When I was last in Tokyo – and indeed, when I was first in Tokyo – I met a research fellow of the city's University of Tsukuba, Satoshi Shimizu PhD. He spoke with passion about his hopes for Tokyo 2020, and about the changes wrought in 1964. He gave me a research paper he had recently written on the latter subject entitled, reasonably enough, "Tokyo and 1964 Tokyo Olympics".
It offers a series of perspectives, from academics, from ordinary citizens, on how and what those Games meant to the city, and the country.
The paper outlines the "massive infrastructure reforms" across the Tokyo metropolitan region, "such as construction of the bullet train, Shinkansen, and major improvements in roads, highways, water supply, drainage and water disposal".
Tokyo, it is said, was transformed into "a clean and hygienic city" and all of these changes were a visible register of the country's "rapid economic growth".
At the time Japan won the right to stage the Games, in 1959, the lack of flush toilets in its capital city meant most waste had to be vacuumed daily out of cesspits underneath buildings.
Shimizu cites the 2006 testimony of Nakade Kazuo, who lived at the time near Yoyogi Park, chosen as one of the Tokyo 1964 sites. It was known as "Washington Heights" because it had been used for housing US armed forces after the war.
Writing in the Asahi Shimbun paper, Kazuo writes: "In June 1964, a letter from the Shibuya Ward Office was delivered to my house near Washington Heights, informing us that 'the Shibuya Ward Office is ready to make a loan to me to change my privy to a flush toilet'.
"I guessed the reason was that we Japanese should be ashamed of using a privy, especially if a foreigner happened to visit. I now realise that there was no possibility of a foreigner visiting my home."
Kazuo also recalled an incident later in the summer of 1964. "We had less rain," he said.
"When I sprinkled water on my street in front of my house, a neighbour got angry with me, saying 'save water for the foreigners' as if he regarded me as an unpatriotic man."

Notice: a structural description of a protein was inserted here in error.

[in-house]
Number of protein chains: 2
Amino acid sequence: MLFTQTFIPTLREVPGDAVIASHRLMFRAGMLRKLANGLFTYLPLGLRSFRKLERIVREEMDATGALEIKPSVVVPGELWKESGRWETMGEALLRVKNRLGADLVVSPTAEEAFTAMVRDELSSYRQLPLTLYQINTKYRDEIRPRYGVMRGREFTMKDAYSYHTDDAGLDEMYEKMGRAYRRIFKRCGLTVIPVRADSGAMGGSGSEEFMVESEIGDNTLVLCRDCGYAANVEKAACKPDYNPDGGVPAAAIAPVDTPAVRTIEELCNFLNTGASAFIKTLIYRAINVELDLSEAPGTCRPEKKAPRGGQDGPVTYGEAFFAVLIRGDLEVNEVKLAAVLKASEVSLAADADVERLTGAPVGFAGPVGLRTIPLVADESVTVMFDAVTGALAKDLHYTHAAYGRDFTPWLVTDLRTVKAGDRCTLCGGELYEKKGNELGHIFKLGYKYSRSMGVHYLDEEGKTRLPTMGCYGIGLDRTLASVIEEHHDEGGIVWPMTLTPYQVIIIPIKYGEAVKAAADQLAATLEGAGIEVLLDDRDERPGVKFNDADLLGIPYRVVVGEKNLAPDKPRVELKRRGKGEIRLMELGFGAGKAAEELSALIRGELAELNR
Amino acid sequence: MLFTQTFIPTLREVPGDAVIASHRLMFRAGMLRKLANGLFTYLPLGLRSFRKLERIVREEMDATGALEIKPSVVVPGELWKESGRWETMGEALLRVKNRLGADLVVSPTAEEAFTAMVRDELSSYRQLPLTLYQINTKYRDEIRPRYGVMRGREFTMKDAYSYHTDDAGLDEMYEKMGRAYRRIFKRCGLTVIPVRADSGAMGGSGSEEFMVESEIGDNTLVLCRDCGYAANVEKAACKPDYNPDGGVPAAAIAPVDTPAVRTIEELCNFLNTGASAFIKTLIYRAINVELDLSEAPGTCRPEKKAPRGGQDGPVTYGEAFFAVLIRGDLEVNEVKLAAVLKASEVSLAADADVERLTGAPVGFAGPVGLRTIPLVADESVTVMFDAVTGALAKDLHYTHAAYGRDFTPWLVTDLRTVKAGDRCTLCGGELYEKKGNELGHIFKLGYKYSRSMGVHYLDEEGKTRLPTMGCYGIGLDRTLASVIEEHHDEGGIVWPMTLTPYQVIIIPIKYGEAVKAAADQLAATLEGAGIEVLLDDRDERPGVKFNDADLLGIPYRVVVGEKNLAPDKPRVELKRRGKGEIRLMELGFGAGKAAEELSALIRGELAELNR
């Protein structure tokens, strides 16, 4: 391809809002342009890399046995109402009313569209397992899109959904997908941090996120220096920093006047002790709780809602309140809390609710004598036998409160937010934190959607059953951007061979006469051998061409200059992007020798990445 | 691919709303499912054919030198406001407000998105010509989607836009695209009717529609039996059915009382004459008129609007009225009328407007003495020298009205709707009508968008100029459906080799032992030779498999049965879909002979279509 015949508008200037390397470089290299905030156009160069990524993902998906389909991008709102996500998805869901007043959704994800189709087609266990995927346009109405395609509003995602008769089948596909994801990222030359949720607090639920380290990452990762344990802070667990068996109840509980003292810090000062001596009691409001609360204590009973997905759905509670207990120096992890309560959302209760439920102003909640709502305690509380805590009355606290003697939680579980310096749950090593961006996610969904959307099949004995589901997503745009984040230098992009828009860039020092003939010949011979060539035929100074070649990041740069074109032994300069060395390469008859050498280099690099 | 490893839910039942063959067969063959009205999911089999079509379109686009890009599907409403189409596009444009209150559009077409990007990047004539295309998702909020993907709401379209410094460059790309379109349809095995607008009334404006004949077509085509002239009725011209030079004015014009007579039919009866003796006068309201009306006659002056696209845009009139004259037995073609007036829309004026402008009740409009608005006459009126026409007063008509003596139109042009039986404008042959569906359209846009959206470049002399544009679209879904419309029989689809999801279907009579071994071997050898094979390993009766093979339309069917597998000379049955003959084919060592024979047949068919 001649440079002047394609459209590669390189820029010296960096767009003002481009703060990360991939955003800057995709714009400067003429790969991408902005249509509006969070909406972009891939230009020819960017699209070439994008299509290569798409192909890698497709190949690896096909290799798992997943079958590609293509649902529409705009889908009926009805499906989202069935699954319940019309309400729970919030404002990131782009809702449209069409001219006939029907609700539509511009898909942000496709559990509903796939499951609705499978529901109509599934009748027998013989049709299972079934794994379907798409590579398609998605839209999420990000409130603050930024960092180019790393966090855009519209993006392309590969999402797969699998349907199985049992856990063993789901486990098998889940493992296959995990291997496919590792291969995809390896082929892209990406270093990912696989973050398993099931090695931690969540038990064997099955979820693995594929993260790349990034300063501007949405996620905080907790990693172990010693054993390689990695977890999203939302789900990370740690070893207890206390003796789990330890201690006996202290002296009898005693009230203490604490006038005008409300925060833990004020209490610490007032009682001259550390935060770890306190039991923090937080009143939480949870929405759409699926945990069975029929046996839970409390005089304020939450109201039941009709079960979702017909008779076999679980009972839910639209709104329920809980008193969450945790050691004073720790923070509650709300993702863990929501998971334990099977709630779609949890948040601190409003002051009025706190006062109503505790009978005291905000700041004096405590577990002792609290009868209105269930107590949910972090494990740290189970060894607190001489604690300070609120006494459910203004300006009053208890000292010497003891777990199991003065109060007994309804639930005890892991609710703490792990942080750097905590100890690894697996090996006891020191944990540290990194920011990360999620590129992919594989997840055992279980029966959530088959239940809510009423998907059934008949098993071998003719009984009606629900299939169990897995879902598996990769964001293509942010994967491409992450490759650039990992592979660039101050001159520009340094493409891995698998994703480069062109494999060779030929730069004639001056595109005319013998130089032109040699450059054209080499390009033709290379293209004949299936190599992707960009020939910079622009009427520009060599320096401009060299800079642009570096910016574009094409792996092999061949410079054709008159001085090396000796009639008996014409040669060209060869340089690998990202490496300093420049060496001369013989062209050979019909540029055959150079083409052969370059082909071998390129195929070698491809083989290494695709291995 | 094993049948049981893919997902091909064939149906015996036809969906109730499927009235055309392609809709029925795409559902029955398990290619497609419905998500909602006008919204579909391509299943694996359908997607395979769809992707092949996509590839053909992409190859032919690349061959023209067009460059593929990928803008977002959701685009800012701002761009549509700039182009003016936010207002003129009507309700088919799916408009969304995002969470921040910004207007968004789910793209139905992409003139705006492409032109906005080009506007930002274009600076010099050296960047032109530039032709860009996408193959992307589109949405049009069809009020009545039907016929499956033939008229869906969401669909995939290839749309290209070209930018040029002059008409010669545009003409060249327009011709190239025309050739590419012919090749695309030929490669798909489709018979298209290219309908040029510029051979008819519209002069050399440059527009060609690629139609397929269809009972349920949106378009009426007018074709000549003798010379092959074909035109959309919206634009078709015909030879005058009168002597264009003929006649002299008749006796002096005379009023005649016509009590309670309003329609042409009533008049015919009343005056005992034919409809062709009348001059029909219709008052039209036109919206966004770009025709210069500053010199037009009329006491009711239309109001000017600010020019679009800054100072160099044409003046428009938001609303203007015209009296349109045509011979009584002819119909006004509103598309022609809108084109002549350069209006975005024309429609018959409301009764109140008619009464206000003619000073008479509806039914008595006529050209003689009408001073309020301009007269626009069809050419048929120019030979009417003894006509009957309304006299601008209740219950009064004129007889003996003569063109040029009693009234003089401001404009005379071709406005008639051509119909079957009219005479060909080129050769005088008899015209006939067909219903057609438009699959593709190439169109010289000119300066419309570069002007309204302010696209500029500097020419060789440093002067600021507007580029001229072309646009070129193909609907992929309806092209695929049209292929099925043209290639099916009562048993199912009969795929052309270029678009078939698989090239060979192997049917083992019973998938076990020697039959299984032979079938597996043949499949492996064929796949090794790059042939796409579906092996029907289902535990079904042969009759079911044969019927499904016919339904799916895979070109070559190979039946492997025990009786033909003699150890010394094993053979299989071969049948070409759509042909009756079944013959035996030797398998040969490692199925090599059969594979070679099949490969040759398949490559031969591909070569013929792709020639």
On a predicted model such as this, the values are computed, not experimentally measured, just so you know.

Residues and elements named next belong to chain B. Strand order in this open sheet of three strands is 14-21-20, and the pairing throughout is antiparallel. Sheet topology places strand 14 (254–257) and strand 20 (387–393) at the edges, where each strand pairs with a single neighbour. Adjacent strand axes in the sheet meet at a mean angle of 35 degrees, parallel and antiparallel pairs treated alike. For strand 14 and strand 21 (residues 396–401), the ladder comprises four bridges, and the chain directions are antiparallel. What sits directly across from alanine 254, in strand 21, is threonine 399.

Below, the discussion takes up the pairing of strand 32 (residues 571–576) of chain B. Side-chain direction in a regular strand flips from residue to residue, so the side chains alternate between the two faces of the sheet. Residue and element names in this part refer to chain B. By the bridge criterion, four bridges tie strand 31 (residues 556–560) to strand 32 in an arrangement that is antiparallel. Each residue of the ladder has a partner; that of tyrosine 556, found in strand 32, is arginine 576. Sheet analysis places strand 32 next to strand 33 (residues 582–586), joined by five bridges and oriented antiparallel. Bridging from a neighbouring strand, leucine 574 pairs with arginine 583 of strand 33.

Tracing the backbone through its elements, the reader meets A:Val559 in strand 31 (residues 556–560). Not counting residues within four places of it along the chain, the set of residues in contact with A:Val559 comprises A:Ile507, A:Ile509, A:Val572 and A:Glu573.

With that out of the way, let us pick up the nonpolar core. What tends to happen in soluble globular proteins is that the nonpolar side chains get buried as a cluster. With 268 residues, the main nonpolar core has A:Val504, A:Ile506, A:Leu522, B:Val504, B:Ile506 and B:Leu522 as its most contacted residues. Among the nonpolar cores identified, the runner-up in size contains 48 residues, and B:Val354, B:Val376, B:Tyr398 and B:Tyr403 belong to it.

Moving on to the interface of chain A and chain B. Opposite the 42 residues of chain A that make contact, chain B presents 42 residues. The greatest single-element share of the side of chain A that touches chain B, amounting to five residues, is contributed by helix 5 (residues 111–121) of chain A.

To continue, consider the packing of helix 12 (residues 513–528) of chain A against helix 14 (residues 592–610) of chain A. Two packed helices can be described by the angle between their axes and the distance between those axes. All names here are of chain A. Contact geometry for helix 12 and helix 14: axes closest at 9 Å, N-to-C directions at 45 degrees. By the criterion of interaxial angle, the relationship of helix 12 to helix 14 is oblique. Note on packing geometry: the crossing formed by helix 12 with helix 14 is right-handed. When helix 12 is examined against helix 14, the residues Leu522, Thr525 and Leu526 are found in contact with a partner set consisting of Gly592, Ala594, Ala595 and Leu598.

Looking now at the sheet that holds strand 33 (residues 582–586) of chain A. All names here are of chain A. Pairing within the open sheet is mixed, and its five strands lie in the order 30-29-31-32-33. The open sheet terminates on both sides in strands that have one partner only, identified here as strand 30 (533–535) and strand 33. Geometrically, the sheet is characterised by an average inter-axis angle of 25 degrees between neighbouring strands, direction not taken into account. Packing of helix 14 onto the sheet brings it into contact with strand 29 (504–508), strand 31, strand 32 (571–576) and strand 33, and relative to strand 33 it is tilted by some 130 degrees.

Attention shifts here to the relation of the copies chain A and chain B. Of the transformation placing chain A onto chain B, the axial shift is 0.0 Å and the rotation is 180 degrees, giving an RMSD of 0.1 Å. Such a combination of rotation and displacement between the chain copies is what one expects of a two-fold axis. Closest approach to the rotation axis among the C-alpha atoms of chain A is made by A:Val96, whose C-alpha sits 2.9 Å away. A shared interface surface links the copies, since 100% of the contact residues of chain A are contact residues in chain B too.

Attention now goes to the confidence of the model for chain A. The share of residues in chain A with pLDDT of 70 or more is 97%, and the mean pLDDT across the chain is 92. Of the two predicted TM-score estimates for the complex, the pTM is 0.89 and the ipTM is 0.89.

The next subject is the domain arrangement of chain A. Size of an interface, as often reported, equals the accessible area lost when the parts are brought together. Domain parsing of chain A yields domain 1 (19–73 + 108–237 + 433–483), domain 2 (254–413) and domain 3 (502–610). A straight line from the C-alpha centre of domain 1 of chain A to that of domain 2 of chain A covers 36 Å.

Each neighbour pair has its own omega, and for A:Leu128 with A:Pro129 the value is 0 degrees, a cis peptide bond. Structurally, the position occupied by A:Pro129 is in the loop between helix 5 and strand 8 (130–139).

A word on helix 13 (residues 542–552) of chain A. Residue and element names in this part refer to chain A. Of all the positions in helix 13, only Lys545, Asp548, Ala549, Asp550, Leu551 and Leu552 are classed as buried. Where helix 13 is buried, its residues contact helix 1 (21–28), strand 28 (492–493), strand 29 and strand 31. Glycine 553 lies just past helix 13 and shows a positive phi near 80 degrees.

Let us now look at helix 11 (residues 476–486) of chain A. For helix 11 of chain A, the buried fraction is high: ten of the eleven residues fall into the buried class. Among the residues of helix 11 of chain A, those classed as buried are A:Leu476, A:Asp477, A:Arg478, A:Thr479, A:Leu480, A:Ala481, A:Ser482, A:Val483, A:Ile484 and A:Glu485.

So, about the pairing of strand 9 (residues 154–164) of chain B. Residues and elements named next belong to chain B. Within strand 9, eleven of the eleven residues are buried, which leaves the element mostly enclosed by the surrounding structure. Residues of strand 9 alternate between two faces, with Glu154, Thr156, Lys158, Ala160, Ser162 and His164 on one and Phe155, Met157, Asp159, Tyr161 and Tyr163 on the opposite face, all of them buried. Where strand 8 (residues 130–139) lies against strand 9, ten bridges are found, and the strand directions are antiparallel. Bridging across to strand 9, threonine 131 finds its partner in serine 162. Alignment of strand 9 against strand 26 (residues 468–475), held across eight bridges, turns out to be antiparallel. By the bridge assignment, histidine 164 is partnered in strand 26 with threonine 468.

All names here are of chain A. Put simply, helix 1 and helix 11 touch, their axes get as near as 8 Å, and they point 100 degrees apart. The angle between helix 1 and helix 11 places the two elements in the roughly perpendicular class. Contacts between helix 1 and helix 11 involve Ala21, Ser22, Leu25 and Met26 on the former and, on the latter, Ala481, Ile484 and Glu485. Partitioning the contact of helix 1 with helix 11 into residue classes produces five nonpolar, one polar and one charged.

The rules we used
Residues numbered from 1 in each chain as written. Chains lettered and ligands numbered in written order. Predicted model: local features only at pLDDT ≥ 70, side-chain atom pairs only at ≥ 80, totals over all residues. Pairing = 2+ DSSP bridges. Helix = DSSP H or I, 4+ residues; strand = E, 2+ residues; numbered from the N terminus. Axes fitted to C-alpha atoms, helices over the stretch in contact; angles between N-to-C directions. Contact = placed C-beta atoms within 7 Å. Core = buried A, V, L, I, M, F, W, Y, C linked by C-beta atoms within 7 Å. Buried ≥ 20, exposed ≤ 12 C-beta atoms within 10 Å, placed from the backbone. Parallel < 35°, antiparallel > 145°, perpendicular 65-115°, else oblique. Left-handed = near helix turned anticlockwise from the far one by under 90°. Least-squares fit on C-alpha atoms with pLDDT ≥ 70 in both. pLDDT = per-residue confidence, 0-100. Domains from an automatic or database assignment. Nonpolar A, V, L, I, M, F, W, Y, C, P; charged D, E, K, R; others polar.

Shimizu concludes: "His comments can be taken as a revealing example of a new type of nationalism, by which people infused daily lives with keen awareness that 'foreigners are coming.'"
The paper also quotes a section of an essay written in 1965 by the Governor of Tokyo, Ryutaro Azuma, who had headed the Japanese Olympic Committee as it sought and then delivered the Games.
Entitled "The Significance of Holding the Tokyo Olympics", it states: "One of the intangible legacies of Tokyo Olympics is that it gave Japanese people the opportunity to be united for the first time since World War Two.
"Additionally the Tokyo Olympics succeeded in playing a vital role in connecting the east and the west in terms of worldwide peace and sports. As a result 'the world began to show greater respect for Japan and its people.'"
In another 1965 piece written for the Tokyo Organising Committee, entitled "Looking Back at the Impressive Festival", Nobumasa Kawamoto wrote: "As time goes by, I feel that I have gradually come to understand the depth and real greatness of the Olympics.
"These 15 days, from the brilliant Opening Ceremony through the impressive Closing Ceremony, fascinated people throughout Japan; they were something I would describe as '100 million people in ecstasy...'
"The Tokyo Olympics brought the world to Japan for the first time. Everybody could see the world in Japan, and found Japan in the world."
With the best will in the world, nothing the Tokyo 2020 Games delivers will match the social effect of the city's 1964 staging.